Heritage Data Tool Brings US Culture, Economy Together
EspañolThe Heritage Foundation has a new metric to assess the relationship between key economic and social indicators and liberty, opportunity, and success for families and individuals in the United States: the 2014 Index of Culture and Opportunity.
The 99-page study, released on Wednesday, includes charts and analysis of 31 indicators. In particular, the authors assess how these indicators have changed over time.
“This Index presents an at-a-glance view of cultural trends in America such as marriage rate, religious participation, and community involvement,” writes Heritage President Jim DeMint in the index’s preface, “alongside data regarding poverty, dependence, workforce participation, and educational and employment opportunities.”
Among the key findings, the index reveals that the number of abortion cases has dropped — 2011 being the year with the lowest abortion rate since 1973. The homicide rate also fell by 21.7 percent between 2001 and 2012, and in the same 10-year period, the children-per-woman average declined to 1.88. On the other hand, the use of drugs among teenagers increased by 14 percent from 2003 to 2013.
Jennifer Marshall, one of the editors, together with Rea Hederman Jr., explained in an interview that this index seeks to bring together both social and economic indicators, which is unconventional for policy institutes. She also asserted that Heritage brought together the nation’s leading experts for the project.
The index includes three indicator categories: culture (family, religion, and civil society), poverty and dependence (marriage and labor force participation, among others), and opportunity (education, work, wealth, and economic freedom).
“The indicators in this index help identify the obstacles that prevent opportunity, with the purpose of providing citizens and policymakers with data to develop cultural initiatives and political solutions that will address these obstacles,” explains the document.
— Jennifer A. Marshall (@MarshallJenA) July 23, 2014
“This longer time horizon gives readers a feel for what has been happening regardless of who is President, which party controls Congress, or the state of the economy at any particular time. While examining changes from one year to the next can be helpful, annual data may not always be the most reliable tool for determining overall movement in the right or wrong direction. This is particularly true with data that are affected by the business cycle, such as labor market indicators and data on poverty. It is also true for cultural trends that typically change quite gradually,” the authors explain.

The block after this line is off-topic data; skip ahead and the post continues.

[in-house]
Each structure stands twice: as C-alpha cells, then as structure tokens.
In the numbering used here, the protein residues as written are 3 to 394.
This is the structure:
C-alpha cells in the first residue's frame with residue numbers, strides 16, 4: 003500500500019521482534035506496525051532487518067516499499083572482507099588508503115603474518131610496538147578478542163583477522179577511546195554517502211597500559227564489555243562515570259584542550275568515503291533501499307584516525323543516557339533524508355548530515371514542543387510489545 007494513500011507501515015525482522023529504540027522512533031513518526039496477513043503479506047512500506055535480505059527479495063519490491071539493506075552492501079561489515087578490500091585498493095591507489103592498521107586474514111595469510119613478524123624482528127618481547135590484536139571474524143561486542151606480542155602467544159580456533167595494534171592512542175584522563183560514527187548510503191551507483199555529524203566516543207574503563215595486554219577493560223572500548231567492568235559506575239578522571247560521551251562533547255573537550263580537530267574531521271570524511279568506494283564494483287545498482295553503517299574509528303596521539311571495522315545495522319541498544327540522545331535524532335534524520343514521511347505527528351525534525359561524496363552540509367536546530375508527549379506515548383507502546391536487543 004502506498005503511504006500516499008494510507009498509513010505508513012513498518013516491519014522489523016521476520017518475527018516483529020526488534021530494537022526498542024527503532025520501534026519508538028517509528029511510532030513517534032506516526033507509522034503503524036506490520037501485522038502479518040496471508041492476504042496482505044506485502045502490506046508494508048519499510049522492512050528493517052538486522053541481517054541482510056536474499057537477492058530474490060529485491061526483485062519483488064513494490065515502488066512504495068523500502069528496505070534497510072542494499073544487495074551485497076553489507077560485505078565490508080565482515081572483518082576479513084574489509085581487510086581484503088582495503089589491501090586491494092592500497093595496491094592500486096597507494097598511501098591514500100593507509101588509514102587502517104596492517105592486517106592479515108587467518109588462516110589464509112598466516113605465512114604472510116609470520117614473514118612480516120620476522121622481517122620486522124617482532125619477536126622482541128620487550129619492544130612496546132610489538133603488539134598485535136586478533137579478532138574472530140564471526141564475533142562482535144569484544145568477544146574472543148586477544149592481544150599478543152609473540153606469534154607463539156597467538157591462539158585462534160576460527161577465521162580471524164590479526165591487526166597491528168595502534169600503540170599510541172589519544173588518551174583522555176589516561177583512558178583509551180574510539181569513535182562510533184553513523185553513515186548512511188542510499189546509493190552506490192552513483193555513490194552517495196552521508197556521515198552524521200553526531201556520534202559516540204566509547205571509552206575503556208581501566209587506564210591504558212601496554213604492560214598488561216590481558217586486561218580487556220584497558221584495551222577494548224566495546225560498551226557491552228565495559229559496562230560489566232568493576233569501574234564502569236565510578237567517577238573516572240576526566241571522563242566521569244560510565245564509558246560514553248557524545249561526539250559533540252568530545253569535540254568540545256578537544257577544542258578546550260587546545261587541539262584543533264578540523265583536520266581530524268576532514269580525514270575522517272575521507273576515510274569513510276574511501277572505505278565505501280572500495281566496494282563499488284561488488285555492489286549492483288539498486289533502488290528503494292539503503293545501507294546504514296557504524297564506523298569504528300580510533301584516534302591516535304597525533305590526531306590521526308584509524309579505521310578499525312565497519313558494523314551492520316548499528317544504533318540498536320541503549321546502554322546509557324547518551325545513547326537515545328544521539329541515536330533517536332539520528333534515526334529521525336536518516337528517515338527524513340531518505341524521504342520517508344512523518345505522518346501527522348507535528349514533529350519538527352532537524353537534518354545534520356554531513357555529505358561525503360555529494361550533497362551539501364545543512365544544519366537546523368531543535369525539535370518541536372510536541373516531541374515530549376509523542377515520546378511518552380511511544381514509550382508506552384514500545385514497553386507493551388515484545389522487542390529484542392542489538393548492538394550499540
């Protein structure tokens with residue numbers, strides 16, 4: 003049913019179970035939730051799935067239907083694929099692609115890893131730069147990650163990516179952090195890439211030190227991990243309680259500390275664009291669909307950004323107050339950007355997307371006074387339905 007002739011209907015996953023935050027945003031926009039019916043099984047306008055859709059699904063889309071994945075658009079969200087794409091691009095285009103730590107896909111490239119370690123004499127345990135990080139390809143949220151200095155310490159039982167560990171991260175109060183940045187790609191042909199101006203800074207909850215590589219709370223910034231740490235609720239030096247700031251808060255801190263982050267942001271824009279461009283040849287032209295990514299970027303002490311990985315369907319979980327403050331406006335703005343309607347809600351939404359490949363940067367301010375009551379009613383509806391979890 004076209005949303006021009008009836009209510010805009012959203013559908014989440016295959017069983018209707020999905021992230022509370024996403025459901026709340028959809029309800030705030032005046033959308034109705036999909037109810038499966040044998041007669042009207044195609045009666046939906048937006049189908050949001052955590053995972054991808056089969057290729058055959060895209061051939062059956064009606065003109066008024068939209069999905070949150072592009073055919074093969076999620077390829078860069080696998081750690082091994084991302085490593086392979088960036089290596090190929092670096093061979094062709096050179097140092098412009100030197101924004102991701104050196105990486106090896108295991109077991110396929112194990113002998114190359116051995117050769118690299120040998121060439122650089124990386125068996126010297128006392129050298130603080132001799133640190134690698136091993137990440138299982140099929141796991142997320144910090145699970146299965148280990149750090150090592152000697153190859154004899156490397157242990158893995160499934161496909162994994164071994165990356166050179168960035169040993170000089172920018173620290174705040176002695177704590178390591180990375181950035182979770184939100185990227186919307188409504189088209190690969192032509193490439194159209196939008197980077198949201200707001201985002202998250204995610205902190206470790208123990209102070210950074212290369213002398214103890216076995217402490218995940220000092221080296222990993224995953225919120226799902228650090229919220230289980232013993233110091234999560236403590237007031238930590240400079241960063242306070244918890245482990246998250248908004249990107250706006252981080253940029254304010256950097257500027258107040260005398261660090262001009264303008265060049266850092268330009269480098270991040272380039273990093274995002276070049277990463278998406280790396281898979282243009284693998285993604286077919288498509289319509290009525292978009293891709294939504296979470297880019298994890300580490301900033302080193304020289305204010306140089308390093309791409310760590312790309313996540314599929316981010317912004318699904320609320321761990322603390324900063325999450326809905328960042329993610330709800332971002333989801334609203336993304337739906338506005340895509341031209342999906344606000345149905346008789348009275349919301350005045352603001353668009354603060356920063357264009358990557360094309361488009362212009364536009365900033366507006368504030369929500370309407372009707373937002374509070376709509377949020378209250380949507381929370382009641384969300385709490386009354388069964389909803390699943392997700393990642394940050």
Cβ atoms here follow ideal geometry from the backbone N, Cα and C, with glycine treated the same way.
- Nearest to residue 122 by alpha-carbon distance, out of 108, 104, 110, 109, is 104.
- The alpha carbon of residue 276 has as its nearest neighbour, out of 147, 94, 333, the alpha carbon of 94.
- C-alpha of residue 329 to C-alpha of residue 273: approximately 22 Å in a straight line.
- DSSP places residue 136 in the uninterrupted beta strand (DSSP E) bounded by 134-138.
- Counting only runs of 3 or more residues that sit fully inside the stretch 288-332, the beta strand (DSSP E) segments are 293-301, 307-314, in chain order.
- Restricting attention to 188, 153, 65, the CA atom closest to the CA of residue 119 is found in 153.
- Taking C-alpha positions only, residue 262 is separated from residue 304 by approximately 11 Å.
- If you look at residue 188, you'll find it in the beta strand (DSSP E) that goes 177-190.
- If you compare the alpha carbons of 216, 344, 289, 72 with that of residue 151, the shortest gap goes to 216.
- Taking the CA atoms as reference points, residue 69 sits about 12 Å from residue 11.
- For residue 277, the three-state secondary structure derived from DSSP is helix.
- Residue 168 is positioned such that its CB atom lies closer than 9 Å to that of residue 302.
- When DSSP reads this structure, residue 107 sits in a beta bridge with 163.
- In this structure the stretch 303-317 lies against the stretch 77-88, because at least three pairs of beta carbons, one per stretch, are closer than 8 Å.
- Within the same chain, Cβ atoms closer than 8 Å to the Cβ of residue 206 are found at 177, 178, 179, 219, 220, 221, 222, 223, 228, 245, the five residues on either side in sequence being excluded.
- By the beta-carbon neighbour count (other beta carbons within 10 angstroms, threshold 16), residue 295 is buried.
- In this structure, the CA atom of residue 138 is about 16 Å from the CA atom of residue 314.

What Does the Index Show?
Among the relevant findings, in terms of poverty and dependence, the index points out that the combined cost of federal and state welfare spending increased by US$246 billion between 2003 and 2013. However, the percentage of individuals living under the official poverty line increased by 2.9 percentage points.
The share of welfare recipients engaged in employment declined by 5 percentage points from 2000 to 2010, and as Robert Doar of the American Enterprise Institute points out, it has not risen above 30 percent since 2006. “Restoring the original purpose of welfare reform,” he says, “requires reinvigorating the work participation rate”.
In terms of opportunity, the index points out that the percentage of 17-year-olds proficient in reading has remained flat, despite persistent spending increases for government education.
Charter school enrollment and private school-choice participation have made impressive progress over the past 10 years, each rising by more than 200 percent across the country. As Virginia Walden Ford explains, “More than 300,000 children are attending private schools of their choosing thanks to options like vouchers, tuition tax credit programs, and education savings accounts”.
However, there is no good news for entrepreneurs, the Heritage scholars assert. From 2001 to 2011, the percentage of US Americans working at startup companies dropped 0.4 percentage points. As Tim Kane observes, “unfortunately, bureaucratic regulations are growing at the same time start-ups are declining”.